A special session is proposed in an international conference by a Japanese research group of the Grant-in-Aid Scientific Research of the Japanese Ministry of Education, Culture, Sports, Science and Technology "Basic Research on the Communicative Functions of the Elderly and Persons with Disabilities." The long, official title of the conference is 28th Annual International Conference IEEE Engineering in Medicine and Biology Society, which is abbreviated to IEEE EMBC 2006. In this session, four research groups among the big Grant-in-Aid group are going to present a paper on visual disabilities, use of ICT, and cognition of visual, auditory, and tactile information. In addition to them, we will invite two speakers from the USA and France who have been engaged in cognition and persons with visual impairments. It will be a good chance to get comprehensive information in this area, so please consider attending our session at New York in August-September.
General information of the conference and the titles of the papers to be presented in the session are as follows.
|* Conference Title:||28th Annual International Conference IEEE Engineering in Medicine and Biology Society|
|* Date:||August 30-September 3, 2006|
|* Conference Site and Hotel:||New York Marriott Marquis Hotel at Times Square, NYC, NY, USA|
|* Session Title:||Information-Based Support Technologies for Persons with Visual Disabilities|
|* Session Time:||Friday September 1, 10:45-12:15|
|* Session Room:||Marquis C|
|* Papers to be presented in the session|
|(1)||[Invited paper] E. Sampaio (Laboratoire Brigitte Frybourg, France):
"Cognitive Aspects of Electronic Visuo-Tactile Substitution for People with Visual Disability."
|(2)||[Invited paper] J. R. Marston (Univ. of California Santa Barbara, USA):
"Using Remote Infrared Audible Cues to Increase Spatial Knowledge Aquisition for Persons Who are Blind or Visually Impaired in a Multimodal Transportaion environment."
|(3)||M. Miyakawa, Y. Maeda, Y. Miyazawa, and J. Hori (Niigata Univ., Japan):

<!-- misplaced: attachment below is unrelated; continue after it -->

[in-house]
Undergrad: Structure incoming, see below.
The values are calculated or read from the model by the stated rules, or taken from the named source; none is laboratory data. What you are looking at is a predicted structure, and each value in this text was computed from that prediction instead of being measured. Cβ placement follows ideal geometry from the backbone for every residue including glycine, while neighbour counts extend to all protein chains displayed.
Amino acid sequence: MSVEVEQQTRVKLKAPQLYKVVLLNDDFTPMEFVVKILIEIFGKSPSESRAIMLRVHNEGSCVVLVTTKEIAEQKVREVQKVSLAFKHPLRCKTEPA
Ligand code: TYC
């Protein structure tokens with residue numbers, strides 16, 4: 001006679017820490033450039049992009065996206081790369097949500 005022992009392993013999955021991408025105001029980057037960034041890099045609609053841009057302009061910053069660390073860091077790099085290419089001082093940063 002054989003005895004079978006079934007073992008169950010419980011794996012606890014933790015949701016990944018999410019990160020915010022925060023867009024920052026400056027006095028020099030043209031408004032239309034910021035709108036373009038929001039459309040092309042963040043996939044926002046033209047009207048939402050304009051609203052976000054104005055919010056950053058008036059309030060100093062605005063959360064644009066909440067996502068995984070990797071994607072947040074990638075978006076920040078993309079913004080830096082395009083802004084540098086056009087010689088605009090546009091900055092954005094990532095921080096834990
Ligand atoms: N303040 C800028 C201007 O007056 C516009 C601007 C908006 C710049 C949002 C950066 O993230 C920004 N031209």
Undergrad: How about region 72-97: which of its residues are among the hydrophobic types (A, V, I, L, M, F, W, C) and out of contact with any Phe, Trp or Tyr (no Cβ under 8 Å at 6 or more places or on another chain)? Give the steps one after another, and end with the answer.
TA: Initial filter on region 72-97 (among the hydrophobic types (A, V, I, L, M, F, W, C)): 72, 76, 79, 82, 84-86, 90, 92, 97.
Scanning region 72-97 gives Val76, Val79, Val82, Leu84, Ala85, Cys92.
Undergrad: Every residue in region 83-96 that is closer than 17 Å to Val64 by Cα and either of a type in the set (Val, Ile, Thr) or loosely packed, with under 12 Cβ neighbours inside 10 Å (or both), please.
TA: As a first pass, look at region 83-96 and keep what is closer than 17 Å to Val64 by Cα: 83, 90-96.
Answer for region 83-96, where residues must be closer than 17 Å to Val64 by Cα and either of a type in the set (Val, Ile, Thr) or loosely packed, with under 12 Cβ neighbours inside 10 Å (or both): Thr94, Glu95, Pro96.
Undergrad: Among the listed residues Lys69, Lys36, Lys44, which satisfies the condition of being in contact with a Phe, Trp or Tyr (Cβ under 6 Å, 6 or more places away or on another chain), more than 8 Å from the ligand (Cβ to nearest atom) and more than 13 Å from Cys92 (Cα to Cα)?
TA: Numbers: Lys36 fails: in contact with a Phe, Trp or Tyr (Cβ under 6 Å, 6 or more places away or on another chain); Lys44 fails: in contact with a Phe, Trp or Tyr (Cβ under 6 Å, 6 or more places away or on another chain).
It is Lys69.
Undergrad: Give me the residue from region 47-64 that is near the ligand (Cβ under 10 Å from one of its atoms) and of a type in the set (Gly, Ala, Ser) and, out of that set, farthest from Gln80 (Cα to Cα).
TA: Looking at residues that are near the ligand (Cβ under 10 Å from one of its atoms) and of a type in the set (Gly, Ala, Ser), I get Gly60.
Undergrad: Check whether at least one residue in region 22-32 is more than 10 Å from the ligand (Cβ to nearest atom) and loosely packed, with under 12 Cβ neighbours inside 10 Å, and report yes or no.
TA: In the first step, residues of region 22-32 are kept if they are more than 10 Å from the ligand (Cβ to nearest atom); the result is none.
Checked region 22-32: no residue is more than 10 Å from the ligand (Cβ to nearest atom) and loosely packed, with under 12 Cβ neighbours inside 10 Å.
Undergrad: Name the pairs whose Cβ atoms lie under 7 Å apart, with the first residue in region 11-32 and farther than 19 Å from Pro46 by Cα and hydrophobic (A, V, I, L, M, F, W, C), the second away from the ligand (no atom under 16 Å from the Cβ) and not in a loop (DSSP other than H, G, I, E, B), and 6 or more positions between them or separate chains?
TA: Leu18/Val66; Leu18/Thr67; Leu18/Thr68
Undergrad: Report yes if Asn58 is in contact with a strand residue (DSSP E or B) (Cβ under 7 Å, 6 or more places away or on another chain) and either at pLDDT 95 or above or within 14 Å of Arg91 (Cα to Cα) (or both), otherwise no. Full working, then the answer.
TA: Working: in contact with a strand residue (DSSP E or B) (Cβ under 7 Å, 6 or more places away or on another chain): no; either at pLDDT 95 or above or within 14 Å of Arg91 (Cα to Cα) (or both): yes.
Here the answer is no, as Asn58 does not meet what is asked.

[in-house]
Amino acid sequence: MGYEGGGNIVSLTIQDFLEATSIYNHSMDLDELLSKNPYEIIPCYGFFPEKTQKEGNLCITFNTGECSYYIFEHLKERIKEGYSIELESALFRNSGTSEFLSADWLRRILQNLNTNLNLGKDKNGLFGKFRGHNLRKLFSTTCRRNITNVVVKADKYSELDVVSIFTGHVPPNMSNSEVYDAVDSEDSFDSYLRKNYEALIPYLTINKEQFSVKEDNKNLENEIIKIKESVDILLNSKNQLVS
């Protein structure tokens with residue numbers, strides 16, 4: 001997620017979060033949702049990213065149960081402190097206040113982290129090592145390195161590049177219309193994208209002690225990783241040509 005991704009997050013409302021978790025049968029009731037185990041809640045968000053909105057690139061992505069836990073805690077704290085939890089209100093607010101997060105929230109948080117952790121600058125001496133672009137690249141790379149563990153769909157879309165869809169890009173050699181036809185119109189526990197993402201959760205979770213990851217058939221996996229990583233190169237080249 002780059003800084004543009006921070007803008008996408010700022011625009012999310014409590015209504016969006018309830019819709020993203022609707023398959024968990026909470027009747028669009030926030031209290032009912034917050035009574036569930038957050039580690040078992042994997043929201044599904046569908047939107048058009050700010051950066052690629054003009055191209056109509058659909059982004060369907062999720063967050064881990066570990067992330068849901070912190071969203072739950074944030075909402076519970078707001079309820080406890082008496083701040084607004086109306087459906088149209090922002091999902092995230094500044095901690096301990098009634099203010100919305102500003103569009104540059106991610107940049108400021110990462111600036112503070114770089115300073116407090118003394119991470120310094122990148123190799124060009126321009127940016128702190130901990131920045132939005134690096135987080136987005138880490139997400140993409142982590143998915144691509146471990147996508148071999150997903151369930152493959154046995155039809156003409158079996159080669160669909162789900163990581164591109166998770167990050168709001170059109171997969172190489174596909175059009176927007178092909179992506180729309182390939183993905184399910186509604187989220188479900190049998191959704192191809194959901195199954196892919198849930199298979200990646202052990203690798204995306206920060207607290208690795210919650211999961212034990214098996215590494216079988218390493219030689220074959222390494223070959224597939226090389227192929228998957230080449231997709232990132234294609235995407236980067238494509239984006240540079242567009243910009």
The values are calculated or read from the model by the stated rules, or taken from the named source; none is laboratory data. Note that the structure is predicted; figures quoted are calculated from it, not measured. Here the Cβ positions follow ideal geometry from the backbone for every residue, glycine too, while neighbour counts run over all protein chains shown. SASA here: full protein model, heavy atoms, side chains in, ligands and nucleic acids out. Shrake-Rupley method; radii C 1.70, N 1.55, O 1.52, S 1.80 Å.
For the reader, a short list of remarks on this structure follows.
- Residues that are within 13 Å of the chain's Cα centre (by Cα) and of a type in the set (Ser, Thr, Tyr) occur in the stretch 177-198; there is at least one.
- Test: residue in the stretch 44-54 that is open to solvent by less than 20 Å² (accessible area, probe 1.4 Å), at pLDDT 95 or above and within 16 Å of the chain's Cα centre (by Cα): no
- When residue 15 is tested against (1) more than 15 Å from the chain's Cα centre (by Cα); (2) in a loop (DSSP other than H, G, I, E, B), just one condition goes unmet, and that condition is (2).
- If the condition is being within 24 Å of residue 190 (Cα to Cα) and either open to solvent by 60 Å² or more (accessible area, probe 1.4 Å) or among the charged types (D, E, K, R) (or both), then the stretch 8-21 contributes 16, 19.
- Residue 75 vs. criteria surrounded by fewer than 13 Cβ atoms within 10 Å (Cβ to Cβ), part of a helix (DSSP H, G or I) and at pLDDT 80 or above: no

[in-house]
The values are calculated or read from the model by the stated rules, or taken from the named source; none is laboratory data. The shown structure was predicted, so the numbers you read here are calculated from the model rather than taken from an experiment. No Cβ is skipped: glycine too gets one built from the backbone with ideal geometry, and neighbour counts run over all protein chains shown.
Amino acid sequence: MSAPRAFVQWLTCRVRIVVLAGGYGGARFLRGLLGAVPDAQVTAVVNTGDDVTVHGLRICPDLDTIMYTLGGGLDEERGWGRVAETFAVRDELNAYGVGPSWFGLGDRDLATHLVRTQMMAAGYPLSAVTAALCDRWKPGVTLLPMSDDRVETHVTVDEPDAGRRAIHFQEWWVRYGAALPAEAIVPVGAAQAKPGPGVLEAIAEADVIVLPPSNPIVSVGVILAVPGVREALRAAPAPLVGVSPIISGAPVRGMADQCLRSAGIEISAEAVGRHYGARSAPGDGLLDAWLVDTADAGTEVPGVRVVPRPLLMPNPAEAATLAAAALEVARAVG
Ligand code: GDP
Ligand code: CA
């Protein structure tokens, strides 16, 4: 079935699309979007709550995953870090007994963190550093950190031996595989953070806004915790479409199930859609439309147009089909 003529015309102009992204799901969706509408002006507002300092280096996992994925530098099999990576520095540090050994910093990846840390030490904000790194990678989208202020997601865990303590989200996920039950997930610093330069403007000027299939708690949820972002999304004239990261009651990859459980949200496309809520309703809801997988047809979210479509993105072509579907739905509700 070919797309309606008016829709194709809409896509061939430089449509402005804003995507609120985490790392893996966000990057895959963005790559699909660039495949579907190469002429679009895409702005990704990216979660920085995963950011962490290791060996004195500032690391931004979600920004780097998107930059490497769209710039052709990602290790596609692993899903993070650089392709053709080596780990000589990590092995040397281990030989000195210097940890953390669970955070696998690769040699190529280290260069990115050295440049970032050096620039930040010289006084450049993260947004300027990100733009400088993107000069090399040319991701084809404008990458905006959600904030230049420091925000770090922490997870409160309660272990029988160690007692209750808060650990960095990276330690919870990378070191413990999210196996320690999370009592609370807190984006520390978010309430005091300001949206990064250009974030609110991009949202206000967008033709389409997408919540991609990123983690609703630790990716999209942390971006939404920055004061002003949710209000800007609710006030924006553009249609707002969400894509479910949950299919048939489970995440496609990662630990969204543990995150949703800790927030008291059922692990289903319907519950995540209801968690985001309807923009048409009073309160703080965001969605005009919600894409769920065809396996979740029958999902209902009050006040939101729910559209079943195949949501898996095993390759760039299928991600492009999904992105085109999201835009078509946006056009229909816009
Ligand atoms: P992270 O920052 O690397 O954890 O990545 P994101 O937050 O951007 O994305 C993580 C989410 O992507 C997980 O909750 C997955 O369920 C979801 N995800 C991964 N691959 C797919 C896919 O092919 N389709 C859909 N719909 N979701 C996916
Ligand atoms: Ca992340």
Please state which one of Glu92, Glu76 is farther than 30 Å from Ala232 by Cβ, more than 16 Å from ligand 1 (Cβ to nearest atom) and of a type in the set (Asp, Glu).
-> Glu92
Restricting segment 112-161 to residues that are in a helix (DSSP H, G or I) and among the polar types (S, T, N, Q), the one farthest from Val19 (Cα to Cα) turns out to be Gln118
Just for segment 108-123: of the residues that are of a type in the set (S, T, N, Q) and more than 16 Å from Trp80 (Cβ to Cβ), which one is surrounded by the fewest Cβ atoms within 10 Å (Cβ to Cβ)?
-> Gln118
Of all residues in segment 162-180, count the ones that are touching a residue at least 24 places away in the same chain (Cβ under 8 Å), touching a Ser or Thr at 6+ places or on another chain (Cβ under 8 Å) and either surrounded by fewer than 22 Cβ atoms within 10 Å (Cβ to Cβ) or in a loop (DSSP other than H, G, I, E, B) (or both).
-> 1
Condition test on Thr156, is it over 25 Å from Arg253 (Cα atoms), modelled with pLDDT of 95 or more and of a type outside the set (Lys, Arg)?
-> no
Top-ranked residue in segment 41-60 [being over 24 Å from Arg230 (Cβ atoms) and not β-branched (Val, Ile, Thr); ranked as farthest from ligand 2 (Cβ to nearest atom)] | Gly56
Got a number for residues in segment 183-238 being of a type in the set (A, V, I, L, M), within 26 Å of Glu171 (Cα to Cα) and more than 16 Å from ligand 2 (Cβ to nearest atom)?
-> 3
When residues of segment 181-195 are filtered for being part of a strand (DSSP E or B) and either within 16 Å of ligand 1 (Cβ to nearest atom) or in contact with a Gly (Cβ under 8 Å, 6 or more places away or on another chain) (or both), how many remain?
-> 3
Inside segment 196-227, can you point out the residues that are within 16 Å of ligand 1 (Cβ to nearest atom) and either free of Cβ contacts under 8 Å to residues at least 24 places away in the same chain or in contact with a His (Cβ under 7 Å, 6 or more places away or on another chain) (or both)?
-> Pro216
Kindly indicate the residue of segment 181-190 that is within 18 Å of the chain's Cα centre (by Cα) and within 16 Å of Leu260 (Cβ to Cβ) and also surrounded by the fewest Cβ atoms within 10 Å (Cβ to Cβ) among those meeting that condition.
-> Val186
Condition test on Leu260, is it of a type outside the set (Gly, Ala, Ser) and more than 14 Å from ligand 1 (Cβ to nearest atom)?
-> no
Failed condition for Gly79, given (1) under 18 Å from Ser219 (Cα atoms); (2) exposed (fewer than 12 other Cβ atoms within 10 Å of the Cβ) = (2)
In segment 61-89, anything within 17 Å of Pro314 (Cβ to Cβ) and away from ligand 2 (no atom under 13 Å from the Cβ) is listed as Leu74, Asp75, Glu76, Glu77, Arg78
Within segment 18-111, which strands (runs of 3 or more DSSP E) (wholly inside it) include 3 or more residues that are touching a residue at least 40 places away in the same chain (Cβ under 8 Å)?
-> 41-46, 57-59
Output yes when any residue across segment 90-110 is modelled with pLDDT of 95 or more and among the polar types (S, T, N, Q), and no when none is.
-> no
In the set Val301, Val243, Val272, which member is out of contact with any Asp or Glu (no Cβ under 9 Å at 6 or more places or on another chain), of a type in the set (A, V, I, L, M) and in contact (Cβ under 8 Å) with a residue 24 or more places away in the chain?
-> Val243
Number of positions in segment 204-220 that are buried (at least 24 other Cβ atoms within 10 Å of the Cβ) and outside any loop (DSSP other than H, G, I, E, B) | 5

" A Smart Video Magnifier Controlled by the Visibility Signal of a Low Vision User."
|(4)||T. Watanabe, S. Oouchi, T. Yamaguchi (Nat. Inst. of Special Education, Japan), M. Shimojo (Univ. of Electro-Communications, Japan) and S. Shimada (Tokyo Metropolitan Industrial Technology Res. Inst.):
"Development of a Measuring System of Contact Force during Braille Reading using an Optical 6-Axis Force Sensor. "
|(5)||T. Nishimoto, S. Sako, S. Sagayama (Univ. of Tokyo, Japan), K. Ohshima, K. Oda, and T. Watanabe (Tokyo Women's Cristian Univ., Japan):
" Effect of Learning on Listening to Ultra-Fast Synthesized Speech."
|(6)||M. Miyagi, Y. Horiuchi, M. Nishida, and A. Ichikawa (Chiba Univ., Japan):
"Analysis of prosody in finger Braille using electromyography."
|* Session Organaizers:||Tetsuya Watanabe (Nat. Inst. of Special Education, Japan) and Michio Miyakawa (Niigata Univ., Japan)|
Cognitive Aspects of Electronic Visuo-Tactile Substitution for People with Visual Disability
Eliana Sampaio (Laboratoire Brigitte Frybourg, France)
A person who has suffered the total loss of a sensory system has, indirectly, suffered a brain lesion. The loss is usually due to the destruction of receptors and/or neural pathways, rather than of the related brain areas. A number of laboratory studies of sensory substitution have demonstrated that the information from artificial sensory receptors can be delivered to the brain, and subjective experiences of the lost sensory system can be experienced with training, but they have proven to be impractical. A newly developed human-machine interface, with an array of electrical stimulators on the tongue offers the realistic possibility of practical, cosmetically accepted devices for persons with sensory loss. Among the potential beneficiaries are blind, deaf, and tactile insensate (e.g., from spinal cord injury) persons, and persons with vestibular loss. (Reviewed paper)
Using Remote Infrared Audible Cues to Increase Spatial Knowledge Aquisition for Persons Who are Blind or Visually Impaired in a Multimodal Transportaion environment
James R. Marston (Univ. of California Santa Barbara, USA)